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NCWIT and Microsoft Research Kick Start Academic Programs for Attracting Women to Computing Fields

February 17, 2015 | By Microsoft blog editor

By Microsoft Research and the National Center for Women and Information Technology

Editor’s note: This press release is republished with the permission of the National Center for Women and Information Technology.

The National Center for Women and Information Technology (NCWIT) today awarded $40,000 to the eleventh-round recipients of the NCWIT Academic Alliance Seed Fund. Sponsored by Microsoft Research, the Seed Fund provides non-profit, U.S. academic institutions with startup funds to develop and implement initiatives for recruiting and retaining women in computing fields.

With Microsoft Research’s support, the NCWIT Academic Alliance Seed Fund has awarded 43 institutions with $505,450 to grow their technology-related outreach programs. Initiatives include professional development, mentoring and networking opportunities, hands-on training, workshops, and more.

“These engaging activities and opportunities of the Seed Fund can increase women’s confidence and enjoyment of their tech-related studies, create a sense of belonging and identity as a member of the field, and provide everyday examples of computing applications,” said Lucy Sanders, NCWIT CEO and Co-founder. “These factors contribute to the critical need of adding more women to the pool of CS degree recipients.”

The U.S. Department of Labor predicts that there will be approximately 1.2 million computing-related job openings by 2022. At the current rate, U.S. computing undergraduates could fill only 39% of these jobs. Furthermore, in the U.S. in 2012, women earned 57% of all undergraduate degrees. Yet, women earned less than one-fifth of all computer and information sciences undergraduate degrees and engineering degrees. Discover more statistics about women and IT at

“Creating the innovations required to solve the world’s most difficult challenges requires us to have more diversity of thought within our engineering and research teams,” said Rane Johson-Stempson, Principal Research Director, Microsoft Research. “We are honored to work with NCWIT’s Academic Alliance to support these institutions as they try innovative solutions to expand the number and roles of women in computing.”

Following are the recipients of the eleventh round of the NCWIT Academic Alliance Seed Fund. Each U.S. institution will receive $10,000 in support of their recruitment and retention efforts:

  • Embry-Riddle Aeronautical University, Daytona Beach, will help fund a woman’s engineering institute to recruit and retain female undergraduate and graduate students. The program will provide female students with unique mentoring and networking opportunities and will connect them with industry partners who are looking to hire recent female graduates.
  • The University of Maryland, College Park, aims to host five workshops for high school and undergraduate students to kindle interest in computing fields. The workshops include hands-on activities involving web development, app development, Internet protection, grad school applications, and job interview exercises.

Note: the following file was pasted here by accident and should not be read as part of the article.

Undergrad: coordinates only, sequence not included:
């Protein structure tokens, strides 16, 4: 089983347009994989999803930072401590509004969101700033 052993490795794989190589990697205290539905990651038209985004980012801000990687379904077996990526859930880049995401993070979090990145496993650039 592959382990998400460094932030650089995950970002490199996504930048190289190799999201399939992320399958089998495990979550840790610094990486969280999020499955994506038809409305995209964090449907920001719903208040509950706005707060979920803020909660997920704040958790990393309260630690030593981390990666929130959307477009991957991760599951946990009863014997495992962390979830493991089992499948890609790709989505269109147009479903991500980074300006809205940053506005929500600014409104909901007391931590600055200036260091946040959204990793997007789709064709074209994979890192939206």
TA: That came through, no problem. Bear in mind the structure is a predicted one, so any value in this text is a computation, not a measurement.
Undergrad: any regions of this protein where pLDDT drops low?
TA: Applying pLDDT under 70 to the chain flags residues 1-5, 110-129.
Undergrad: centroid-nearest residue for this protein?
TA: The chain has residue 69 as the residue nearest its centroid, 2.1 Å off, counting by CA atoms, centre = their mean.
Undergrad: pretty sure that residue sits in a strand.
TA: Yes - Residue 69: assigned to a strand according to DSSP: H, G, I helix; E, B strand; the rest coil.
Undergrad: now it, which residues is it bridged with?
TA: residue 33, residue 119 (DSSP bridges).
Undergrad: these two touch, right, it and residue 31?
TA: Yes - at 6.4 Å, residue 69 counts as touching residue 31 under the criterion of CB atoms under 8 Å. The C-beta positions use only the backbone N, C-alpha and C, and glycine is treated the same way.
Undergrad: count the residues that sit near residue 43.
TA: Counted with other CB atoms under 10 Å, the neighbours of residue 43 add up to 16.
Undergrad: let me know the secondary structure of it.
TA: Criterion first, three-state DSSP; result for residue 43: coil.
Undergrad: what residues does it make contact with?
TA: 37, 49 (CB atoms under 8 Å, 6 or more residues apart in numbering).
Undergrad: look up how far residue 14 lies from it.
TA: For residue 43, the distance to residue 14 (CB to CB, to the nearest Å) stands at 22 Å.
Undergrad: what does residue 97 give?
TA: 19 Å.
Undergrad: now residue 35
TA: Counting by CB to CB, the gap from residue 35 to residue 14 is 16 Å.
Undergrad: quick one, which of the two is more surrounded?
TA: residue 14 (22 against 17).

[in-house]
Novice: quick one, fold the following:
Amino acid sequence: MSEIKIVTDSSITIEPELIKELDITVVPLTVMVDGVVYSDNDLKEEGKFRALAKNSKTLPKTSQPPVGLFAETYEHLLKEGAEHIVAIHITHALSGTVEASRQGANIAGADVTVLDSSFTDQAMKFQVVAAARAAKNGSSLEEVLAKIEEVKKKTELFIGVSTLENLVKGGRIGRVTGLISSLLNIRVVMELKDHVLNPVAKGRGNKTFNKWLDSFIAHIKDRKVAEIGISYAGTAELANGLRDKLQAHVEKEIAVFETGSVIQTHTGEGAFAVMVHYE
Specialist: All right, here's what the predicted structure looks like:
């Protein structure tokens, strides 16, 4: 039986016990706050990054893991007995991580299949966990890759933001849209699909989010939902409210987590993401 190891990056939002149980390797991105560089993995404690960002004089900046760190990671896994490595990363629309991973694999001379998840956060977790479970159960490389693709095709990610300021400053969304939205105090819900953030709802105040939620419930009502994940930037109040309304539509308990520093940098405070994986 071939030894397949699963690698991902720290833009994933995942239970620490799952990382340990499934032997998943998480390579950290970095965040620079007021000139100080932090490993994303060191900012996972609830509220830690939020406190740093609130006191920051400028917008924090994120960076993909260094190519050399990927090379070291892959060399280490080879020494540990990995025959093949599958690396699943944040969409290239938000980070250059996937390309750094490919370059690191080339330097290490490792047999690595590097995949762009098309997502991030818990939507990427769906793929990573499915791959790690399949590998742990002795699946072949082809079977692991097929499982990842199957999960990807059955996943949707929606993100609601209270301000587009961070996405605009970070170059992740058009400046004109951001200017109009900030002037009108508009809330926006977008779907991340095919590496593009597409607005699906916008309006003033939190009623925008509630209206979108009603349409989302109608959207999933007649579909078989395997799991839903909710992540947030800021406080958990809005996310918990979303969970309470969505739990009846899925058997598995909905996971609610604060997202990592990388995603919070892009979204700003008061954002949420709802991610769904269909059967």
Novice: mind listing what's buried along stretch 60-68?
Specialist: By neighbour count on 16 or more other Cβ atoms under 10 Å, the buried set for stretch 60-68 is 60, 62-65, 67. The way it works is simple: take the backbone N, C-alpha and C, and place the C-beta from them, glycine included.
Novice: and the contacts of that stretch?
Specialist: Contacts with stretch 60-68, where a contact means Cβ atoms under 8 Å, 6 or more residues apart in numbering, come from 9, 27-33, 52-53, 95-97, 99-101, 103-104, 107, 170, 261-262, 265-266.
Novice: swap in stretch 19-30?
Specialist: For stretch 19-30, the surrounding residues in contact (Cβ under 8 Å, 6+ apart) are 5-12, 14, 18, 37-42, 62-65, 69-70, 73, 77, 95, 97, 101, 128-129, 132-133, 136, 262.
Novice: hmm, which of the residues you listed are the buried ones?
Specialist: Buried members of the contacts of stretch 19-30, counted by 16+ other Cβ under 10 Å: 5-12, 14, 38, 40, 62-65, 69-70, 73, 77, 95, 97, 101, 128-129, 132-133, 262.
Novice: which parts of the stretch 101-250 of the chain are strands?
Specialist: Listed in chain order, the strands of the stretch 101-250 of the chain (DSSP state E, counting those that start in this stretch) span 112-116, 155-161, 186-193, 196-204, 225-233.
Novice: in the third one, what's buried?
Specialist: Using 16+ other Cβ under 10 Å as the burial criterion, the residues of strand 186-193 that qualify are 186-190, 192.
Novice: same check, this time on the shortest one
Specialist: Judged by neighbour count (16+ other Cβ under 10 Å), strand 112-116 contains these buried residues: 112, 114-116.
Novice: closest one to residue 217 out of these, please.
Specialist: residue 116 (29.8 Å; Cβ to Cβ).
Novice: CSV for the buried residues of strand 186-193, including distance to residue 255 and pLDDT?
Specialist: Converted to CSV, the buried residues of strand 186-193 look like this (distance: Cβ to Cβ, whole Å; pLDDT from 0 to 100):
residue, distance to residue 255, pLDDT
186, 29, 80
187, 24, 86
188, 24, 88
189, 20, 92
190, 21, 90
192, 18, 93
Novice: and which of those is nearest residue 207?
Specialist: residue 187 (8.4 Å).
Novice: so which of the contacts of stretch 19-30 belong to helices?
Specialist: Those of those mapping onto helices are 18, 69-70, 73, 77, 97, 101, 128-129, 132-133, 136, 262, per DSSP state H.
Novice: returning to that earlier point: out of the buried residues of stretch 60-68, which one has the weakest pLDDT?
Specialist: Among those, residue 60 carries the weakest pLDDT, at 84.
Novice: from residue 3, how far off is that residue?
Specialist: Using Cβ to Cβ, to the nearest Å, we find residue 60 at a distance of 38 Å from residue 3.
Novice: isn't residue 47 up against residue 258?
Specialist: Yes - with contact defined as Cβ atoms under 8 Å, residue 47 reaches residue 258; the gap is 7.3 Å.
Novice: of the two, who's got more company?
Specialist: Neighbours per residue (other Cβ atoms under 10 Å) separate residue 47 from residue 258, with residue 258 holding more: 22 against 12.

• The University of North Carolina at Greensboro, in collaboration with Kennesaw State University, plans to host a three-day program that provides rising female sophomore students with an opportunity to get a head start on programming skills. The program aims to foster female students’ interest in information systems through engaging in hands-on projects, mentoring and networking with IT professionals, and socializing with their peers.
  • The University of Texas at Dallas (UTD) intends to facilitate a summertime, residential, overnight camp experience for incoming freshmen female students who have been accepted to UTD for the fall semester. The program will help develop a community for attendees to meet faculty, do hands-on activities, and network with career professionals.

The Seed Fund is an award of the NCWIT Academic Alliance, bringing together more than 1,000 distinguished representatives charged with implementing institutional change in higher education computing programs. Find out more at


The National Center for Women & Information Technology (NCWIT) is a non-profit community of more than 600 universities, companies, non-profits, and government organizations nationwide working to increase women’s participation in computing and technology. NCWIT equips change leaders with resources for taking action in recruiting, retaining, and advancing women from K–12 and higher education through industry and entrepreneurial careers.

NCWIT receives significant financial support from Strategic Partners NSF (the National Science Foundation), Microsoft, Bank of America, Google, and Intel, as well as from Investment Partners Avaya, Pfizer, Merck, Turner Broadcasting Systems, Inc., AT&T, Bloomberg, and Hewlett-Packard. View all of NCWIT’s supporters at

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